Kennedy came into our center as an owner surrender on 4/9/2016. It is reported he is shy and fearful around strangers, may hide behind owners legs. He is reportedly fine with other cats and dogs. Owner reports Kennedy uses the bathroom outside on walks and also on wee wee pads indoors. During intake, Kenney kept a low body, but allowed admissions counselor to approach, wide eyed. He tolerated all petting and wagged his tail when admissions counselor spoke to him softly. Kennedy allowed his head to be cupped in assessor’s hands, alert and cautious. He stood with low body during Sensitivity item, mouth closed. Kennedy followed at the end of the leash for Tag game, body a bit low. He did not pull his paw back on both Squeeze attempts. Kennedy playfully engaged with Toy, keeping a firm grip with loose, wiggly body. When off leash with other dogs Kennedy is fearful, running away from greeting and yelping when approached. The Behavior Team feels Kennedy would do well with an Experienced adopter. He would benefit from a slow introduction/slow approach (possibly with treats) to allow him time to warm up to a new situation. After the assessment, Kennedy was offered a treat and seemed to relax, was very social, playful, wiggly. He may benefit from puppy obedience classes to become better acclimated to new situations, new people, and other dogs.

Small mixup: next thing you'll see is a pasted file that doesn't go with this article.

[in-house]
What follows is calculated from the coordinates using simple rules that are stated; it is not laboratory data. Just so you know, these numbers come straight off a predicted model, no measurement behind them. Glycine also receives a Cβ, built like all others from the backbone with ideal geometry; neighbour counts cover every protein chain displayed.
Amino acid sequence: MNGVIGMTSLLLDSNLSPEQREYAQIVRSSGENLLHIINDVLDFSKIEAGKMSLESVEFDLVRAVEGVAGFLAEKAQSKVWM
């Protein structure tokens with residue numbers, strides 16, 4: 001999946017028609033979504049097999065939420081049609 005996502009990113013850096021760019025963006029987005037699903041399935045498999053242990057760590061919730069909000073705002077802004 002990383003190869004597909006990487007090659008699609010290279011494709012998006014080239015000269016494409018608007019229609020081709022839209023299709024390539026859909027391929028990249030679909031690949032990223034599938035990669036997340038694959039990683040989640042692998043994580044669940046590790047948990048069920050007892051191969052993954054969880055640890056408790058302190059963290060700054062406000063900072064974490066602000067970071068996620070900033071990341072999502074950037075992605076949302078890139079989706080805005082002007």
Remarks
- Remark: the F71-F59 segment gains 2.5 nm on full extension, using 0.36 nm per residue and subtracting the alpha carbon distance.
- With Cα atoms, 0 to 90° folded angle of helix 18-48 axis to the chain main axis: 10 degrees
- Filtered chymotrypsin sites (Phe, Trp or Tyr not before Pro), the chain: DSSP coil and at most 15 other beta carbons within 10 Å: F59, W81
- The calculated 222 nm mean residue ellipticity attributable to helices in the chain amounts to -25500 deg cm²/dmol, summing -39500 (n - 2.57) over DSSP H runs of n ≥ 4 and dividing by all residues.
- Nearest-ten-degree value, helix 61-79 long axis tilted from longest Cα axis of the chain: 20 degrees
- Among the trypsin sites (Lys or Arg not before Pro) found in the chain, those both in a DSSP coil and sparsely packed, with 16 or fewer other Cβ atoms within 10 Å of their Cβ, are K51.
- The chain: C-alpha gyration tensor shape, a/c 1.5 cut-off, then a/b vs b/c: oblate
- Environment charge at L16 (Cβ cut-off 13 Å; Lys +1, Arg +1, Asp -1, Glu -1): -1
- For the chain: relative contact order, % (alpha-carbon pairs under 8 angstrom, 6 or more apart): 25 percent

Look: 2. Dog’s eyes are averted. His body posture is a bit tense/alert and cautious, his tail is low and not moving. He allows head to be held loosely in Assessor’s cupped hands.
Sensitivity: 2. Dog stands still and accepts the touch, his eyes are averted, his tail is between his legs, body low, mouth closed
Tag: 1. Follows at end of leash, body low and a bit fearful.
Squeeze 1 / 2: 1. Dog does not respond at all for three seconds. His eyes are averted and his ears are back.
Toy 1: 1. Dog settles close, keeps a firm grip and is loose and wiggly. He does not place his body between you and the toy.
Dog-dog: When off leash with other dogs Kennedy is fearful, running away from greeting and yelping when approached.
When off leash with other dogs Kennedy is fearful, running away from greeting and yelping when approached.
4/11 update: Kennedy initially avoids the other dogs in the pen. When the helper dog wanders off, he approaches to sniff her from behind and eventually offers bows to solicit play.
For more information on adopting from the NYC AC&C, or to find a rescue to assist, please read the following: http://information.urgentpodr.org/adoption-info-and-list-of-rescues/